An intimate group of family, friends, and teachers gathered at the Marco Island Center for the Arts on Friday, April 28th, to support winners of the High School Student Scholarship & Merit Competition as they accepted their awards.
Art made by high school students from Collier County filled the galleries and surrounded the reception with a textured and moody atmosphere. Personal, inventive, and often surreal – the walls were covered with some wonderful creations: Sundrenched coastal landscapes in bold acrylics, arresting self-portraits shot by camera or drawn with graphite, collages evoking the flow of music, off-the-wall 3-D pieces molded in clay and other materials, and much more. Each work demonstrated both the devotion these students had to their craft and their desire to win this competition.
Local artists Sandy Moore Howe, Tara O’Neill, and Phyllis Pranskyjudged the show. Sandy, who teaches clay classes at the Art Center, spoke about the challenges involved when choosing which students are awarded.
“It’s great to judge such talented young people, but making the final decision can be hard. I’m glad that Tara, Phyllis, and I can judge together, because we work in different mediums and have different perspectives.”
Sandy also had a helpful word of advice for a few students who were listening nearby. “Find the thing that you love to do, and practice, practice, practice.”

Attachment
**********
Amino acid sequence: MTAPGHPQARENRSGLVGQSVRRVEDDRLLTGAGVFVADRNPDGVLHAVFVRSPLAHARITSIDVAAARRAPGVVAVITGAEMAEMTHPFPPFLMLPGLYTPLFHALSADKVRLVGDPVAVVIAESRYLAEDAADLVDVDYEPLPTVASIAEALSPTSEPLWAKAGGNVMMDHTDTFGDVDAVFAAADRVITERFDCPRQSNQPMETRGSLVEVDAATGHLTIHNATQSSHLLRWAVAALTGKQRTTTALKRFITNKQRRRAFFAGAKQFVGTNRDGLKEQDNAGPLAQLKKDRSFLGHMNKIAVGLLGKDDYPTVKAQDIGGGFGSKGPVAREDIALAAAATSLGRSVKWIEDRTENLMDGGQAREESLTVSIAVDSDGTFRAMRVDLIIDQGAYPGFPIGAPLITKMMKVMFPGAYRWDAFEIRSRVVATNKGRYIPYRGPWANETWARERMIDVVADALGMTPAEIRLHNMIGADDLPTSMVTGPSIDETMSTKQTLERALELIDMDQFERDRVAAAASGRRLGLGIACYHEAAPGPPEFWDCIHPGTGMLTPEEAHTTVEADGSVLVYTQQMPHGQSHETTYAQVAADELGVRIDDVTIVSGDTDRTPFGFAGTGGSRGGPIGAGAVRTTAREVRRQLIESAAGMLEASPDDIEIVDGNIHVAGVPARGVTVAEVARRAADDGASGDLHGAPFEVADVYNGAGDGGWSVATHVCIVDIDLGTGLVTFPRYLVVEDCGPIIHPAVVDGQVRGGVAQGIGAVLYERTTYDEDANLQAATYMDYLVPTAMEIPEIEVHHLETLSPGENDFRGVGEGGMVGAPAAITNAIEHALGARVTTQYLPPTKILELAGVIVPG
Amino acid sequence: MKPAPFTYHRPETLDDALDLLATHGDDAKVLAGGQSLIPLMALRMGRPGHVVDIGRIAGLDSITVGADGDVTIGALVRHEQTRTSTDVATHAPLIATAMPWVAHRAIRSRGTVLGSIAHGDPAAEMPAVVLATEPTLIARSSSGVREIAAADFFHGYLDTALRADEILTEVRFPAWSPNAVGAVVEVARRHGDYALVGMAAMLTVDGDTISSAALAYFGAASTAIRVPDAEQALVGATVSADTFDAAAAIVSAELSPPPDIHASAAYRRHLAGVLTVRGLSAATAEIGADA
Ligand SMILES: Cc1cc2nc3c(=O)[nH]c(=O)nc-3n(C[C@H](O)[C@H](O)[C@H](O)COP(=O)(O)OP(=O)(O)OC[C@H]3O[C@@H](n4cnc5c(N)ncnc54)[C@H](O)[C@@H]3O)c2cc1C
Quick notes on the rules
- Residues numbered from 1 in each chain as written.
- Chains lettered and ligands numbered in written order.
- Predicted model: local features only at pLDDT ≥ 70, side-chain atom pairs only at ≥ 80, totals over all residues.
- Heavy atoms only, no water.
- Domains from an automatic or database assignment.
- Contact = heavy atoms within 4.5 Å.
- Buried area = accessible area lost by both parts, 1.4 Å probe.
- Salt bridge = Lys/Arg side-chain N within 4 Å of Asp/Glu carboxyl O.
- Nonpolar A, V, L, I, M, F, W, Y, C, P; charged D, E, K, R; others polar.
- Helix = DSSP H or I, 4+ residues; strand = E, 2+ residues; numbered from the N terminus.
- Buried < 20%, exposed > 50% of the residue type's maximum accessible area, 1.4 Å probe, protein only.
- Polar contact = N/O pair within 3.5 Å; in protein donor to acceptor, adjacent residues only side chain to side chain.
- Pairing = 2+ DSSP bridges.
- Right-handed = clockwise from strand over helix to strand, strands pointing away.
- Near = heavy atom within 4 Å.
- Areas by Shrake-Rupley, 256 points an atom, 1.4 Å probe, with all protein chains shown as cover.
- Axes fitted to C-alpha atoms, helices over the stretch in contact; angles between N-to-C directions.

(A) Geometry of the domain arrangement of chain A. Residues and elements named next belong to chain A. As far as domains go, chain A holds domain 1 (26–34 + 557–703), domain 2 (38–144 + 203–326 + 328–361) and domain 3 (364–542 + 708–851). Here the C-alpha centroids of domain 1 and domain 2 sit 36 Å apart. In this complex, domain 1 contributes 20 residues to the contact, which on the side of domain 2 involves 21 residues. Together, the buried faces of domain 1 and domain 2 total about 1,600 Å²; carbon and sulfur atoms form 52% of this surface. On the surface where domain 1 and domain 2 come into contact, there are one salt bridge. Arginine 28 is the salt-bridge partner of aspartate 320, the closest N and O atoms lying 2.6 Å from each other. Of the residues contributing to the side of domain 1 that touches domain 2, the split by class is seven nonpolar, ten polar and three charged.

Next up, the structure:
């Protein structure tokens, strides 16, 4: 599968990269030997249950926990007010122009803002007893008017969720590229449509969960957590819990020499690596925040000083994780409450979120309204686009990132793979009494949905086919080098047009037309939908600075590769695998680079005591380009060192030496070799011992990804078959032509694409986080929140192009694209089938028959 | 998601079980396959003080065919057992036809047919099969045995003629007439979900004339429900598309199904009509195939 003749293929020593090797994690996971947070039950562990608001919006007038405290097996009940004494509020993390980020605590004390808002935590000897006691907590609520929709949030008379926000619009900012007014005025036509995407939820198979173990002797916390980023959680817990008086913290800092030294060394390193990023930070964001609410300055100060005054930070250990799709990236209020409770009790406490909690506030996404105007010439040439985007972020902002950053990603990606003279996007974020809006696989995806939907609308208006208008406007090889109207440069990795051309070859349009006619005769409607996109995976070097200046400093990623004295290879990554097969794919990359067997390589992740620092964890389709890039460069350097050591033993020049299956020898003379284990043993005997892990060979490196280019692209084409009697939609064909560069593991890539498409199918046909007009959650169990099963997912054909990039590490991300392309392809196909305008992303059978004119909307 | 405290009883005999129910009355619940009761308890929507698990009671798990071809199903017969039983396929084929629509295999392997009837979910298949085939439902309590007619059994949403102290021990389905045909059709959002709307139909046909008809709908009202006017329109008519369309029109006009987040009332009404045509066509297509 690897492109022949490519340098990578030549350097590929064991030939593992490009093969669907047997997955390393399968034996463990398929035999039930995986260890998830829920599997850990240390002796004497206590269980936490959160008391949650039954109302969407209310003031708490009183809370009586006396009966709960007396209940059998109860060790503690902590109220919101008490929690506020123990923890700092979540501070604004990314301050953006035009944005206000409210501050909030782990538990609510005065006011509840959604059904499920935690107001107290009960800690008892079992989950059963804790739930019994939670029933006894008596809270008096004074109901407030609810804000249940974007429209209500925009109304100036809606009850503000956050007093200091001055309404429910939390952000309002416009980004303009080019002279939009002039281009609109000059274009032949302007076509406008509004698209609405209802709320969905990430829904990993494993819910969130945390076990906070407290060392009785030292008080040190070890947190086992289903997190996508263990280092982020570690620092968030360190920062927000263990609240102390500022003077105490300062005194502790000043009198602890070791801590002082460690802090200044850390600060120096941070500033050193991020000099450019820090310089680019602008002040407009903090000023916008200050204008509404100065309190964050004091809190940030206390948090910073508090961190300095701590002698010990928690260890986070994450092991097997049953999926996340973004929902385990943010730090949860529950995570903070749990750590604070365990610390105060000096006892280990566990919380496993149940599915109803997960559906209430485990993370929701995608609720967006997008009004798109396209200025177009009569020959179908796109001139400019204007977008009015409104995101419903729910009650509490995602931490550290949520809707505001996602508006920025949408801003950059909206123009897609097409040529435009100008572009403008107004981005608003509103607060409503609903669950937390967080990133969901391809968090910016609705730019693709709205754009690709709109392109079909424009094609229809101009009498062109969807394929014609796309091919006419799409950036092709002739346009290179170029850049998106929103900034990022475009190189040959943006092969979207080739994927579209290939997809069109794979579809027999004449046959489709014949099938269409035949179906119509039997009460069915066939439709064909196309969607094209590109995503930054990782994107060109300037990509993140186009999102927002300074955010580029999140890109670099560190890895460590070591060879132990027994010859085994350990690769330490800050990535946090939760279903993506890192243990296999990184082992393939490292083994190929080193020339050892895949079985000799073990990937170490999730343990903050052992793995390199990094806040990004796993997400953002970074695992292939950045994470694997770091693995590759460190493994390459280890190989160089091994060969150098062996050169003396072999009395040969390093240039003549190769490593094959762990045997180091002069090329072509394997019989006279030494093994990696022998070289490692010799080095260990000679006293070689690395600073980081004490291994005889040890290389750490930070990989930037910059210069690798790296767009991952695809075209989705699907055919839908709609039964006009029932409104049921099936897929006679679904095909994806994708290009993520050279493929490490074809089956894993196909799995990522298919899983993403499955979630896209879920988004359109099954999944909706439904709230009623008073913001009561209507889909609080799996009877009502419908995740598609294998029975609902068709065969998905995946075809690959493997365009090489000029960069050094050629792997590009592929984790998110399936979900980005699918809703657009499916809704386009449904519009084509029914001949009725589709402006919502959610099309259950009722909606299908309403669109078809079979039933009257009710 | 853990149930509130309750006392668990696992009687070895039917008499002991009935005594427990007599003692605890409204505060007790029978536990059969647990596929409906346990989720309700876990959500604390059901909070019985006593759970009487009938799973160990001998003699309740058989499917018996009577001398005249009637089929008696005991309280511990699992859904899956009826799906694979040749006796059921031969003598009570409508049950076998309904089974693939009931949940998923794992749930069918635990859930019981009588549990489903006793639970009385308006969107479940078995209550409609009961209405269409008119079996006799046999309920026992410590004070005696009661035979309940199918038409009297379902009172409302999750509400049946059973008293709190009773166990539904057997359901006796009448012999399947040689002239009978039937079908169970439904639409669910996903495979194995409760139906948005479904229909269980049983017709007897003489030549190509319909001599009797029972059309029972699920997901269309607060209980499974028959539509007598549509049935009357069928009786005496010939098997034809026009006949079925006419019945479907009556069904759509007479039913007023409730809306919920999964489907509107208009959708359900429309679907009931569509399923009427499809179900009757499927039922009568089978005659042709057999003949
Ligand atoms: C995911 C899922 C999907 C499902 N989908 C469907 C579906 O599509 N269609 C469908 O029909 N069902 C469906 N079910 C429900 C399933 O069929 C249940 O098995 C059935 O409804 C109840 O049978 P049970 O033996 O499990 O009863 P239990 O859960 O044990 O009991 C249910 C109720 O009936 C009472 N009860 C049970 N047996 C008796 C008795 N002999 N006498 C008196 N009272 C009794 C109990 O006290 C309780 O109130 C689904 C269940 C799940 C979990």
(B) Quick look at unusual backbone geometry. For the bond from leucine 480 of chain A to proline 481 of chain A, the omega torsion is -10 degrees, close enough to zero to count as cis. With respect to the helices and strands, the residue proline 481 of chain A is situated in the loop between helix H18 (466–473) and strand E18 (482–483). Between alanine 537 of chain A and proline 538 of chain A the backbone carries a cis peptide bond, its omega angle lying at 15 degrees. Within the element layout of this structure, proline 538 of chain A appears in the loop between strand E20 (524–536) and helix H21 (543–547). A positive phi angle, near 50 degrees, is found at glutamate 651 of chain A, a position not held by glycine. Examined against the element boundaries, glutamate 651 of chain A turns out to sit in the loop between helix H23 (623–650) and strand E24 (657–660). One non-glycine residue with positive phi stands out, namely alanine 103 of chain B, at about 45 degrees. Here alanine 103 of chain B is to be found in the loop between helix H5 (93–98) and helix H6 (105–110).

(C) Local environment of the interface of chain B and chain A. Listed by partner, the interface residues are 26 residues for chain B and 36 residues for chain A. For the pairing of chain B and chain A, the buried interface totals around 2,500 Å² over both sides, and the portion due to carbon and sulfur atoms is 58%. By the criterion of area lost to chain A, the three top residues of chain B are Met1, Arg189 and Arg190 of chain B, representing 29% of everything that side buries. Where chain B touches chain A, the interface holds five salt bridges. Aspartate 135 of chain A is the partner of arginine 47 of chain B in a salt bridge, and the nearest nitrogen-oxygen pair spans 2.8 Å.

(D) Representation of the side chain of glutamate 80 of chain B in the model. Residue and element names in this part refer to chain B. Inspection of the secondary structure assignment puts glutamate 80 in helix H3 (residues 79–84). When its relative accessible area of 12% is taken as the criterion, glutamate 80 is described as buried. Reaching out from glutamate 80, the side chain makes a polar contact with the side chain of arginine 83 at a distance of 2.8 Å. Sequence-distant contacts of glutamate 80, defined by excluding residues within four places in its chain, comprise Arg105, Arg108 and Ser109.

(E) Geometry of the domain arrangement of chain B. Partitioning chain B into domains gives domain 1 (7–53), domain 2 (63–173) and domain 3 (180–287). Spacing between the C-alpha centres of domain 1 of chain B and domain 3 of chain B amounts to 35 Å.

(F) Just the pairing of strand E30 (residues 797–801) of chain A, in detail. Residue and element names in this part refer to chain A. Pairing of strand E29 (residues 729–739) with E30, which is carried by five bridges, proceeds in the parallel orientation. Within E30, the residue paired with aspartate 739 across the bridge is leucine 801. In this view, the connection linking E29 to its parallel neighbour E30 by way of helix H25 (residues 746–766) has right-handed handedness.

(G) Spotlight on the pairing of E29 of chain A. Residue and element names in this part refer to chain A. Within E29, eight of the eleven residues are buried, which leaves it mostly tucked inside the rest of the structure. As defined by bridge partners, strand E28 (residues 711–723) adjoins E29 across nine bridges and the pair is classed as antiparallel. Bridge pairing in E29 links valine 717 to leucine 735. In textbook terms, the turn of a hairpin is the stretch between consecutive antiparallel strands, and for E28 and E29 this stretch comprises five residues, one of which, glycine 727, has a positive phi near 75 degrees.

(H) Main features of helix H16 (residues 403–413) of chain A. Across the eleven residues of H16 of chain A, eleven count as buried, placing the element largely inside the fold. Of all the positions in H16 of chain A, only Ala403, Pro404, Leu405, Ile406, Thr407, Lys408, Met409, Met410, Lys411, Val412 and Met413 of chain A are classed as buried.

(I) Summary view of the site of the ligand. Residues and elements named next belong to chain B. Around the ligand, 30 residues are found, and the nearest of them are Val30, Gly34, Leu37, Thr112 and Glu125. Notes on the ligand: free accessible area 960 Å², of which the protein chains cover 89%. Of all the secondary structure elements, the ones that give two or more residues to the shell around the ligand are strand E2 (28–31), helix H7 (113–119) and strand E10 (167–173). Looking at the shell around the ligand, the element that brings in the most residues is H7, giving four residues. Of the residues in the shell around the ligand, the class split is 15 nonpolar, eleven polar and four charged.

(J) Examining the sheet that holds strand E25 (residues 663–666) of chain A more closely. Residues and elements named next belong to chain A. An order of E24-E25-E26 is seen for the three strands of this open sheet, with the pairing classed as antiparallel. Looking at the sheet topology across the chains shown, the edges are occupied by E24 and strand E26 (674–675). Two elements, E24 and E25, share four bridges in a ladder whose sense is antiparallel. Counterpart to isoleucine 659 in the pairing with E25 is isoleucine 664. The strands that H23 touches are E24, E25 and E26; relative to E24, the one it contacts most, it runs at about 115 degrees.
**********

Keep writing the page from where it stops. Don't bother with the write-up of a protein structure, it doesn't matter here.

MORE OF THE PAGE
This is exactly what first-place winner, Sabidio Borgela, expressed he has been doing for years. When asked how he had learned to draw with such precision and realism, he replied “Lots and lots of practice.” Sabidio has been drawing since he was very young, and his winning “Self Portrait” inpencil was a testament to his skill.
The Center’s Executive Director, Hyla Crane, was generous with her praise when addressing the crowd before prizes were presented. She began by complimenting the students and their teachers, and went on to emphasize the crucial role that art plays in education and development, especially starting at an early age. Hyla spoke about the importance of supporting arts in the community and strongly encouraged the young artists who were present to use art as a tool for enriching the lives of others. “Remember that art and culture put us in touch with our humanity, and that is really what we’re trying to do here at the Center for the Arts through our programing,” she said, and added, “If you are around after art school and you want to teach – call me!”